The first Hallelujah

“Hallelujah!” It’s a two-word Hebrew phrase meaning “Praise God!” We’re most used to singing it as part of a hymn. But we probably say it only rarely outside of that context. When we do, it’s in response to good news and is often said wryly, as shorthand for, “Finally! Something good happened for a change.”

The biblical usage, of course, is a tad less snarky.

As you might expect, hallelujah is used primarily in the Psalms. What you might not expect is how far you have to read in the Psalms to find it. The Psalter is traditionally divided into five “books,” and hallelujah doesn’t appear until nearly the end of the fourth book, at the tail end of Psalm 104. (In the Septuagint, the ancient Greek translation of the Hebrew Scriptures, it appears at the beginning of Psalm 105. There are, I think, good reasons to prefer this placement, but that’s another story for another time.)

In our survey of the Psalms thus far, we’ve spent some time with both Psalm 1 and Psalm 119. Each is foundational in its own way. Psalm 1 establishes the basic vision of two opposite ways of life — the way of righteousness versus the way of wickedness — and in a sense, the rest of the Psalter is commentary on this vision. Psalm 119 then expands on an idea that is only briefly mentioned in Psalm 1: the centrality and beauty of Torah, or God’s instruction. And as we’ve seen, it does so in a way that introduces shades of grey into Psalm 1’s more black-and-white worldview.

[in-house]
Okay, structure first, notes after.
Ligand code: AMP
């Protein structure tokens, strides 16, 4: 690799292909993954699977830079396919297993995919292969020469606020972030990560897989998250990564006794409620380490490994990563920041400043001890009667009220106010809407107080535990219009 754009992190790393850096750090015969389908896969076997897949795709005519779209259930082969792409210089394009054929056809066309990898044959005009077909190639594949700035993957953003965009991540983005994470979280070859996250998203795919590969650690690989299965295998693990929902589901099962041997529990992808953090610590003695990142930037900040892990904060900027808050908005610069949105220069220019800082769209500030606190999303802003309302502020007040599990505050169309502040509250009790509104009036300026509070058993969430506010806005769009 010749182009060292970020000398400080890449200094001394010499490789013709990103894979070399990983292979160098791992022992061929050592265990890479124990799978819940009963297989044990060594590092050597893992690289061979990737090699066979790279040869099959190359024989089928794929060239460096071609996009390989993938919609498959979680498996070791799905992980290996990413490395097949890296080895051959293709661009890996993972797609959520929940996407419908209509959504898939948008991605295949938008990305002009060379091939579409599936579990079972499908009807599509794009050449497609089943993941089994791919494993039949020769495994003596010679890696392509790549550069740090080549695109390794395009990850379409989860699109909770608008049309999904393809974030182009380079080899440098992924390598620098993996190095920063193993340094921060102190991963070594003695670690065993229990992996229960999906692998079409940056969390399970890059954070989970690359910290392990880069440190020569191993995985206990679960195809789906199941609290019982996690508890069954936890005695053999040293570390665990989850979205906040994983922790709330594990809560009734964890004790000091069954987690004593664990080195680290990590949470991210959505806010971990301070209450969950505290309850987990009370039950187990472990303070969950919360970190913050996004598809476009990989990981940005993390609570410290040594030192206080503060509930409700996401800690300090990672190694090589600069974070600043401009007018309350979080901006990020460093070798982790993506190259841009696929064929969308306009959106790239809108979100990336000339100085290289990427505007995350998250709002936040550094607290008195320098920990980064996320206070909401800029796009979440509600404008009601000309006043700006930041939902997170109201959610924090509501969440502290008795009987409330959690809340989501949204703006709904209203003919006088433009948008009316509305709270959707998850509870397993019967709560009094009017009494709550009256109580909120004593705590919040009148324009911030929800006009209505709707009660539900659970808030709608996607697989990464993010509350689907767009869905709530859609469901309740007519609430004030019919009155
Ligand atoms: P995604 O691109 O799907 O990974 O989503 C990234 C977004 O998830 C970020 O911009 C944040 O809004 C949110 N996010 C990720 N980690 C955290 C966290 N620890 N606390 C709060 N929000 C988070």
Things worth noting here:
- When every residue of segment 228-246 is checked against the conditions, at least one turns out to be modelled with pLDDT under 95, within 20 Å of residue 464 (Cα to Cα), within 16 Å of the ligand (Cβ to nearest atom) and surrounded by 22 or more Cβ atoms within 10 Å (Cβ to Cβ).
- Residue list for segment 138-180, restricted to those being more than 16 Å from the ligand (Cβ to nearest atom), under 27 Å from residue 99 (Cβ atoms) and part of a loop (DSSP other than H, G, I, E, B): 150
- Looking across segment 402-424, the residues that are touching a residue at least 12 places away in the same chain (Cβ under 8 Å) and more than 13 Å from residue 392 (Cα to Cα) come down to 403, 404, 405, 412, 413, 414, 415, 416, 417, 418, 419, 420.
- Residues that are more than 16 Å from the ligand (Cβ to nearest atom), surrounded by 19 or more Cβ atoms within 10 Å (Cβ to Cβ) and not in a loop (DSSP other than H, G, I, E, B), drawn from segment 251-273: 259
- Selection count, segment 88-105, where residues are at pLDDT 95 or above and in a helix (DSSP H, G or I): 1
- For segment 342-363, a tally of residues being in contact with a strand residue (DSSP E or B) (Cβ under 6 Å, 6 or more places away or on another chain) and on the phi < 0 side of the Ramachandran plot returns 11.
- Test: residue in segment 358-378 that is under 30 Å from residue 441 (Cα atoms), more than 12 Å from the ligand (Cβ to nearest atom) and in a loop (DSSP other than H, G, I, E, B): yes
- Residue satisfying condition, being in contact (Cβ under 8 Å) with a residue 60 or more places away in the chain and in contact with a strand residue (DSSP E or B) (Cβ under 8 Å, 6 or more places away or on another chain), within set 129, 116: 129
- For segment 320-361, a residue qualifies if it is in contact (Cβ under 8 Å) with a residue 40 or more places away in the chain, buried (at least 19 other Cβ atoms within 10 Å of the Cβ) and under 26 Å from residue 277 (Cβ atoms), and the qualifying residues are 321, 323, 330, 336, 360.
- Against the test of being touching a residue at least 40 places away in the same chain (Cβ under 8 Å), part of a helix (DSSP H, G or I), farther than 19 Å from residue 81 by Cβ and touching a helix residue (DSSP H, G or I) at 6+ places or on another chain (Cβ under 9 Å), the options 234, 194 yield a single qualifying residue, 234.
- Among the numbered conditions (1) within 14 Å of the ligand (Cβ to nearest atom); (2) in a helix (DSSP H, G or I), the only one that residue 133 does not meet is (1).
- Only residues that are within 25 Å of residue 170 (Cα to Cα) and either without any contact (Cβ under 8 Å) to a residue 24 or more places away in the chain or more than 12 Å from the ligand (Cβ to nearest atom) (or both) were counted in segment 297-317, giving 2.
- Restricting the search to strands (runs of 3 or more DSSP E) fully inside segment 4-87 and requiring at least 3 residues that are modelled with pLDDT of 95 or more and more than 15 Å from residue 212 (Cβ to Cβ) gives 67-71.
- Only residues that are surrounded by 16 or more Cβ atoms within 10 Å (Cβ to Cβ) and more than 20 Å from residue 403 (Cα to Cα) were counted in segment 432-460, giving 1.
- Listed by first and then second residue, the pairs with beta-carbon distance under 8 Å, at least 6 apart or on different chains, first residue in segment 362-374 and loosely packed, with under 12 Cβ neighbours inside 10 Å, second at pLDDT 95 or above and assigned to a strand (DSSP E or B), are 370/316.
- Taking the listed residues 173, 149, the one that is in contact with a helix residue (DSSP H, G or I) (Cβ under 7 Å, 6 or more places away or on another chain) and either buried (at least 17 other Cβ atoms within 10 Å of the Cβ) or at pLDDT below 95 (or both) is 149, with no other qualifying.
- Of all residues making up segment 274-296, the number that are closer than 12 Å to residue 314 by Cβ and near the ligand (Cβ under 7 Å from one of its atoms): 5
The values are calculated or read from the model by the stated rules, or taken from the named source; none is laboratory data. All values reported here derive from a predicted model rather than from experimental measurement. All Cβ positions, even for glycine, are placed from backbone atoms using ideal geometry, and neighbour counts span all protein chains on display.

We will eventually be spending quite some time with psalms of praise and lament. After all, many of us turn to the Psalms for comfort when we’re experiencing difficulty. We readily identify with the psalmist’s cry of “How long, O Lord?” Such texts seem to give us permission to feel the impolite negative emotions that might make others uncomfortable to be around us.

But we’ve begun with Psalms 1 and 119 for a reason. To read the psalms rightly, we can’t just “import” them into our emotions and our ways of seeing the world. We need to inhabit, to the extent that we can, the psalmist’s way of seeing the world.

What is it like, for example, to see life as a choice between righteousness and wickedness?

What is it like to so adore God’s instruction that you would want to meditate on it day and night?

And when the psalmist cries “Hallelujah,” why? What is it that causes the psalmist to burst out in praise?

Again, as we’ll see in the psalms of praise and lament, sometimes the psalmist rejoices in God’s salvation — in the divine intervention that rescues the psalmist from the schemes of evil enemies or pulls the psalmist back from the brink of death.

But more fundamentally, the first hallelujah in Scripture is for the splendor of creation, and the God who created it. We’ll begin exploring that splendor in the next post.

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